What happens when a loved one dies?
Many of us will have to face the death of a loved one, which is hard enough to bear emotionally. In addition, though, you may be executor or next-of-kin and have to deal with the funeral process.
This means, essentially, obtaining the medical certificate (from the doctor or hospital) and presenting this at the Register Office within five working days. They will help you notify the various official organisations that may need to know about your loved one’s death. This could include the Local Council, the Passport Office, the Benefits Office, DVLA, HMRC and so on. (You can usually do this all at once, using the “Tell us Once” service.)
You also have to organise the disposal of the body. I’m not saying “funeral” because a ceremony is not obligatory. You can organise a “direct cremation” – this means there is no viewing of the body at the chapel of rest, no embalming and no ceremony at all. (The body is simply delivered to the crematorium, cremated with no ceremony or guests present, and you get the ashes afterwards.) People may organise a memorial service some time later.
Most people will prefer a funeral, and, although you can go direct to a civil celebrant like myself, it is more common to use a funeral director’s services. They will normally explain the choices and direct you appropriately.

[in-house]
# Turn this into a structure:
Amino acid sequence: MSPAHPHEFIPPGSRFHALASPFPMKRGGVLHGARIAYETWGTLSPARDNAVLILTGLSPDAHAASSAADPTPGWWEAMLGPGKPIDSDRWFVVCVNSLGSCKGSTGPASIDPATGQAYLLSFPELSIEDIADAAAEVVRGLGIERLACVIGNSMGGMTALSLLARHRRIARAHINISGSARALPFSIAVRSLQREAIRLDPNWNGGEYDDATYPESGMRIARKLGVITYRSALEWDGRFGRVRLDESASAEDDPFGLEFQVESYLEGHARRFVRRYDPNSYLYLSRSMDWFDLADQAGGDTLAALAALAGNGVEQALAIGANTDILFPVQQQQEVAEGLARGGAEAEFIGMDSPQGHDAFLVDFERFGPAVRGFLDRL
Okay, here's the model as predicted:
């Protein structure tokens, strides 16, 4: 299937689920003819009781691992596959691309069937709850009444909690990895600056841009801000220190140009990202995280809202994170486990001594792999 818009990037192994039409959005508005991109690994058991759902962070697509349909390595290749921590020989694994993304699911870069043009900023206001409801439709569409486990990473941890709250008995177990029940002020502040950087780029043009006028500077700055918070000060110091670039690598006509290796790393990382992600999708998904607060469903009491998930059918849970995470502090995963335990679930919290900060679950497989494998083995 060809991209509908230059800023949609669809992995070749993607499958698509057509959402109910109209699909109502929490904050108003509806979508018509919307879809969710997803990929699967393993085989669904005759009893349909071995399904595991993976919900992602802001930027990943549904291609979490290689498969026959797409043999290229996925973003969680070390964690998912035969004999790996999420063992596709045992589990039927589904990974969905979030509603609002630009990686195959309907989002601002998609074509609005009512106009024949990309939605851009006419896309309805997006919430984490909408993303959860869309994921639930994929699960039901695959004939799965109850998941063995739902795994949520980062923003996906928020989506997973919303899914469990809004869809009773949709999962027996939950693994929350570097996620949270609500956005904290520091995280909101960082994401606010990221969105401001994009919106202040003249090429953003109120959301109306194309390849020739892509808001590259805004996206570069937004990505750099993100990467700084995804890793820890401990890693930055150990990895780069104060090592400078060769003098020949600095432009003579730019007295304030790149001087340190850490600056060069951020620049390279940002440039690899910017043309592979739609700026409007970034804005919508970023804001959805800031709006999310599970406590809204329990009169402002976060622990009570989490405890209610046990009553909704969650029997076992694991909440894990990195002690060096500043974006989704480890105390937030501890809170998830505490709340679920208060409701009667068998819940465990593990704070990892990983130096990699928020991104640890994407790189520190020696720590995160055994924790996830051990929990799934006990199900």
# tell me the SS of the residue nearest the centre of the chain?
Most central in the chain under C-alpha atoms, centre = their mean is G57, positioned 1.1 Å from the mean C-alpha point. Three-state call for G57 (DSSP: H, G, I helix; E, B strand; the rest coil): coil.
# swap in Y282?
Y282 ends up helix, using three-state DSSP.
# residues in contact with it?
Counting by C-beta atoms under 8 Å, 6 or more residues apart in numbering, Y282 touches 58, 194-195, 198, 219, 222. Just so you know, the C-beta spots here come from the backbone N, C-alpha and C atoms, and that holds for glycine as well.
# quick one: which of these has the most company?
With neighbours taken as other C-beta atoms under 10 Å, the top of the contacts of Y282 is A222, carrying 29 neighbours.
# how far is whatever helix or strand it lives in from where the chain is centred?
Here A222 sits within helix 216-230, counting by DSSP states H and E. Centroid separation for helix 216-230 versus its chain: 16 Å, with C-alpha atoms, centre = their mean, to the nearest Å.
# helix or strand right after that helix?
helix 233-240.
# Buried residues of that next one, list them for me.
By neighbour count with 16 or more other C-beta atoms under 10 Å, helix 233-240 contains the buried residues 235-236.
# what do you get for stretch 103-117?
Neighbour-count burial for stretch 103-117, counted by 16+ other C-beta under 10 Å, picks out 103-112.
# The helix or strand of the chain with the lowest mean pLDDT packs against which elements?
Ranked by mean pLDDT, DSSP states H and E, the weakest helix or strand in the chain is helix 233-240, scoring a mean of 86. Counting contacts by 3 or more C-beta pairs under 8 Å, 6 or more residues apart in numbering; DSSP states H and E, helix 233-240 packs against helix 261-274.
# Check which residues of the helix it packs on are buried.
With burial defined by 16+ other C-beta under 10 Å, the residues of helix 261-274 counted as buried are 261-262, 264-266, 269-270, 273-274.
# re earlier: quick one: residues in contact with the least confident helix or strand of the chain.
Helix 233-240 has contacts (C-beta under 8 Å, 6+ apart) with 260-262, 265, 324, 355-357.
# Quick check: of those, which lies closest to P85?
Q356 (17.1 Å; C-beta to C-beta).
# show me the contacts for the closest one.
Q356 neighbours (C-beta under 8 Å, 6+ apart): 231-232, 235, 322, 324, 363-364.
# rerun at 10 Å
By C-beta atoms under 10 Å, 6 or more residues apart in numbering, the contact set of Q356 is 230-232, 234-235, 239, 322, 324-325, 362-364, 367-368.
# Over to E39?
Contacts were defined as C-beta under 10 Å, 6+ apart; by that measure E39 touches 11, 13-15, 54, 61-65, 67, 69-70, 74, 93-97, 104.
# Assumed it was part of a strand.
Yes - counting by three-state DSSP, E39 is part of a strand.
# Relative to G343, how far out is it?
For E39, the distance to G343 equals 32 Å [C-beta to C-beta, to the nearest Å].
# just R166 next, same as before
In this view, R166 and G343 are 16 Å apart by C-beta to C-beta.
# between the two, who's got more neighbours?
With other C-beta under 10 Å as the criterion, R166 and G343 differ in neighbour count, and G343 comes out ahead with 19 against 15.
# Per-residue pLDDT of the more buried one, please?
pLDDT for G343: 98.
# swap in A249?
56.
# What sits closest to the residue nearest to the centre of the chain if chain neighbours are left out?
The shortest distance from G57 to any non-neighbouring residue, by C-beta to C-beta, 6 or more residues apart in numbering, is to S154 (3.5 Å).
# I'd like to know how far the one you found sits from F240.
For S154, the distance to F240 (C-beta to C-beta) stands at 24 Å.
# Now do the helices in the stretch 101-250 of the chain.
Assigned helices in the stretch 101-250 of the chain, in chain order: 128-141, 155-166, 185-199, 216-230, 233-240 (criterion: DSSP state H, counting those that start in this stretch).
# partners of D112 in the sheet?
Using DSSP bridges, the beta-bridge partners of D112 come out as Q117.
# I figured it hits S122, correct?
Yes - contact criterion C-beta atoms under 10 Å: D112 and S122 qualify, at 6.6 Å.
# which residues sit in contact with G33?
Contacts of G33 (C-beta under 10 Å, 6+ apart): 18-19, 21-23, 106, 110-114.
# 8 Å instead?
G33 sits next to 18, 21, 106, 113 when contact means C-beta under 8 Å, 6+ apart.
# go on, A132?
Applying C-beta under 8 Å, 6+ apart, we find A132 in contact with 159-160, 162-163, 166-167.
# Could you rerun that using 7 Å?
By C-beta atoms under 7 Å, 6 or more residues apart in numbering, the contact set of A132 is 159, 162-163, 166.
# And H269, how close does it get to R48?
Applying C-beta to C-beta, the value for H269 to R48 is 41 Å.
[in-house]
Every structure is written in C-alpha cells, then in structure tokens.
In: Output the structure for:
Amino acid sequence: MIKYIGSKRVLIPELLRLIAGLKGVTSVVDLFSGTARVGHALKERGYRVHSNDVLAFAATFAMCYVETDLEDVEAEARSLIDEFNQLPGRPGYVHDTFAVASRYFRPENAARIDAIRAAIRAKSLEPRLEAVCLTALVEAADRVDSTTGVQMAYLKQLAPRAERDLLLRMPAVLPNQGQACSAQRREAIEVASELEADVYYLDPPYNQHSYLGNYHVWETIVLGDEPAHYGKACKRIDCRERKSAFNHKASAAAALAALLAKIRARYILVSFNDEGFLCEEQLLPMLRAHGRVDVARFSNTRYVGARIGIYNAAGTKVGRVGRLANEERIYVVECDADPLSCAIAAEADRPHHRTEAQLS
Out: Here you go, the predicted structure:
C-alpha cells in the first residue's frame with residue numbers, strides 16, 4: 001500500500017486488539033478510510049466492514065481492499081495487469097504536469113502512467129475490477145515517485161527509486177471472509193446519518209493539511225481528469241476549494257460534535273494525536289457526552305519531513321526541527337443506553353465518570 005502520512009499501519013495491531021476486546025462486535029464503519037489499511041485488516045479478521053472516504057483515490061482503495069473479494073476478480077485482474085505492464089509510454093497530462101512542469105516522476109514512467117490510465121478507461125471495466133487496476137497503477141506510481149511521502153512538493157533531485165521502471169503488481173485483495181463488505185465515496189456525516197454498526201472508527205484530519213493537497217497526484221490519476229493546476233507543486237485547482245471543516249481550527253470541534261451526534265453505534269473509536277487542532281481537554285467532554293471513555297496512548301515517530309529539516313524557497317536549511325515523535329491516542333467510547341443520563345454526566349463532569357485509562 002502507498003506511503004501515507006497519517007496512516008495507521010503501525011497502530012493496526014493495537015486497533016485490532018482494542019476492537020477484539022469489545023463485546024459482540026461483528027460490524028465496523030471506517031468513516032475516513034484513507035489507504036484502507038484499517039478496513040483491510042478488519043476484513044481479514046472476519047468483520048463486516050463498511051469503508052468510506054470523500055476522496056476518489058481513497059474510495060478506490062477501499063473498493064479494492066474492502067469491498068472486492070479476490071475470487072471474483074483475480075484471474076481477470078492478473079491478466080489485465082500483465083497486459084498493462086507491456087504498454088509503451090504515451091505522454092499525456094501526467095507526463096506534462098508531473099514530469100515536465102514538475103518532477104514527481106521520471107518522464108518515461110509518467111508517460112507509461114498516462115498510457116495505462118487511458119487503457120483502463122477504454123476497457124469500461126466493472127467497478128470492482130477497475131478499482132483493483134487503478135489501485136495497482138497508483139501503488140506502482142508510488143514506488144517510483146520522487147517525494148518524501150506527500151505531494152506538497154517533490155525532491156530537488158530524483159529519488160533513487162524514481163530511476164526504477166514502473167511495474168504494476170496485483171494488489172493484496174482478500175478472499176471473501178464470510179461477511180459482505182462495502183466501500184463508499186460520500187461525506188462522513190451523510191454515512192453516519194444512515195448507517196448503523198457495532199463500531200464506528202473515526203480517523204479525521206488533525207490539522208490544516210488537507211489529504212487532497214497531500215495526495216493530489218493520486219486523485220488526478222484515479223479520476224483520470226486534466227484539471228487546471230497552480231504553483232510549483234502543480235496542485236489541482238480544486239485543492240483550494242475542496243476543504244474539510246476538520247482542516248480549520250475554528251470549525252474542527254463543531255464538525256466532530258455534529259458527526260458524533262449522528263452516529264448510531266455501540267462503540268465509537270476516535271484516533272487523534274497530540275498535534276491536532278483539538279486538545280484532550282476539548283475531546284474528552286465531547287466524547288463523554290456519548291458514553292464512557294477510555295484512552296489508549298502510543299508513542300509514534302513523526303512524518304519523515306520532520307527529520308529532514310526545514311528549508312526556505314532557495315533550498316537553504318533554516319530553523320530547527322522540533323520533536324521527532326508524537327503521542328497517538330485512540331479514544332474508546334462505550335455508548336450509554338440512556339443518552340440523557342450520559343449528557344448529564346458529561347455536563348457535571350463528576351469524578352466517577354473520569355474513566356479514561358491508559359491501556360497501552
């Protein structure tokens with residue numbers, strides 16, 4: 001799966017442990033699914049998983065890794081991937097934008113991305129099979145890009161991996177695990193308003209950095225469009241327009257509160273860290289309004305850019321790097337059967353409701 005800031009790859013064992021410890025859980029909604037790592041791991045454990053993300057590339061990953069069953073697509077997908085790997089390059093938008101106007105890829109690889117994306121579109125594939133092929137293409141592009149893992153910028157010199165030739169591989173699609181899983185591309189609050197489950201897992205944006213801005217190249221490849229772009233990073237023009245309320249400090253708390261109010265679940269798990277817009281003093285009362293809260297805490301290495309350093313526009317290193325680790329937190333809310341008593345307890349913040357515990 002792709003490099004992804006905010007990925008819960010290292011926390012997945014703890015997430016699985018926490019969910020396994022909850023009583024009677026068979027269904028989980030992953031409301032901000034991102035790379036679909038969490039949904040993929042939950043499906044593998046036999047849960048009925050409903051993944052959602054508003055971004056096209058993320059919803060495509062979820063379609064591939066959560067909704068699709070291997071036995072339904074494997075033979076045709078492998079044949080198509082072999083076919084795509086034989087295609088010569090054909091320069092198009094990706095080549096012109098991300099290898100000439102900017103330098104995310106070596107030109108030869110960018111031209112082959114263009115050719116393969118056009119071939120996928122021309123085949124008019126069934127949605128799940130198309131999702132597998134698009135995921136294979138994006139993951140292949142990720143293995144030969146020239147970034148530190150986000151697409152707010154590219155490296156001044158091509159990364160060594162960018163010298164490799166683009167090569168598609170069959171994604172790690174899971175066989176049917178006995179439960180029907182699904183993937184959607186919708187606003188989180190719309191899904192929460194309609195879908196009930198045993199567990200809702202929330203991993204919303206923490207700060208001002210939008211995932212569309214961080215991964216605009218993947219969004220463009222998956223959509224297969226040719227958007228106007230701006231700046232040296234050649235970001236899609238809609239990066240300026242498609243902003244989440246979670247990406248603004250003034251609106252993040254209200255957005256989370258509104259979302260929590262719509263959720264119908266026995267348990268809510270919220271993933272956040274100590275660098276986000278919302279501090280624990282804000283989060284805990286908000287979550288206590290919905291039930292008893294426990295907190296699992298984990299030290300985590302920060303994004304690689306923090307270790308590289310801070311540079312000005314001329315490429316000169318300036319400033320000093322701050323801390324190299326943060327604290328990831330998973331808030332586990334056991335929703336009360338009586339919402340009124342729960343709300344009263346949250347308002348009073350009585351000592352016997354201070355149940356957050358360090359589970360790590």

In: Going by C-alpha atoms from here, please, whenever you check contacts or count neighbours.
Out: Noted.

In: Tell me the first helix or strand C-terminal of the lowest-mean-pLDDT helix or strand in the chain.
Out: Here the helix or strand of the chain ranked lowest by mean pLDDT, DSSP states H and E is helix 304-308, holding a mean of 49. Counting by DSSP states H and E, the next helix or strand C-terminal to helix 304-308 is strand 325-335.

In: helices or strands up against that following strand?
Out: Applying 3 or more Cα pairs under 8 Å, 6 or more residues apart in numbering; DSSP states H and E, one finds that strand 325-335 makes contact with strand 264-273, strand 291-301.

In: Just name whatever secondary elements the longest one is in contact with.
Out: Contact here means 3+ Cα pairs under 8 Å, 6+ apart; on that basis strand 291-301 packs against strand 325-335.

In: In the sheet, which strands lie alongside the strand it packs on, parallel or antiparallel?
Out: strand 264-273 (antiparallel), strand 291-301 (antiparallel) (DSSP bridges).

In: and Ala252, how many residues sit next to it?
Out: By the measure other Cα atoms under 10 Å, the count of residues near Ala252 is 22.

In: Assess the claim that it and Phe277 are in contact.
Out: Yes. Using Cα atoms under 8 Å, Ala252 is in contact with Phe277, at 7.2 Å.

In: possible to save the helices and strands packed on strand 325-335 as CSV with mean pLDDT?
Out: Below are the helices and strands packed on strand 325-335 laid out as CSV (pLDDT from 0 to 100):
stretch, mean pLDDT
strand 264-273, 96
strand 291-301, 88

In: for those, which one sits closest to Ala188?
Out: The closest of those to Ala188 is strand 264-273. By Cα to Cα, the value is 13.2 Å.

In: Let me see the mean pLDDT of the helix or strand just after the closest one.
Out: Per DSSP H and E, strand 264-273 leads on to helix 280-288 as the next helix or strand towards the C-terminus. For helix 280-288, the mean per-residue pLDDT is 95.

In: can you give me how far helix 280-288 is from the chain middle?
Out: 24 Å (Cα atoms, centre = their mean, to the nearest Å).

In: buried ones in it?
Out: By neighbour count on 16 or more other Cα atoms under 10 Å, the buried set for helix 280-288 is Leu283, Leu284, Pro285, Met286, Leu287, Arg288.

The choices will depend on whether you want a full religious service (in which case, your church will handle the ceremony), a non-religious or part-religious ceremony (either of which a celebrant can do for you).
If it’s not to be a full religious service, you (or the family) will have to make some further choices: will it be crematorium or burial? If burial, will it be green? Then there will be questions to resolve, such as Order of Service (that is where the civil celebrant can advise you) and the reception (or Wake).
The Order of Service entails choosing not only the readings, poems or prayers, the music, who (apart from the celebrant), if anyone, is going to contribute actively, the means of entry and exit, whether the curtains will close at the Committal, if there’ll be tributes, and also the eulogy (if any).
Sometimes the Order of Service will already have been planned during the deceased’s lifetime, which usually makes things easier. (Incidentally, you can do this for – and with – any surviving relative by having a word with me.)
If you have any questions arising from this article, please contact me.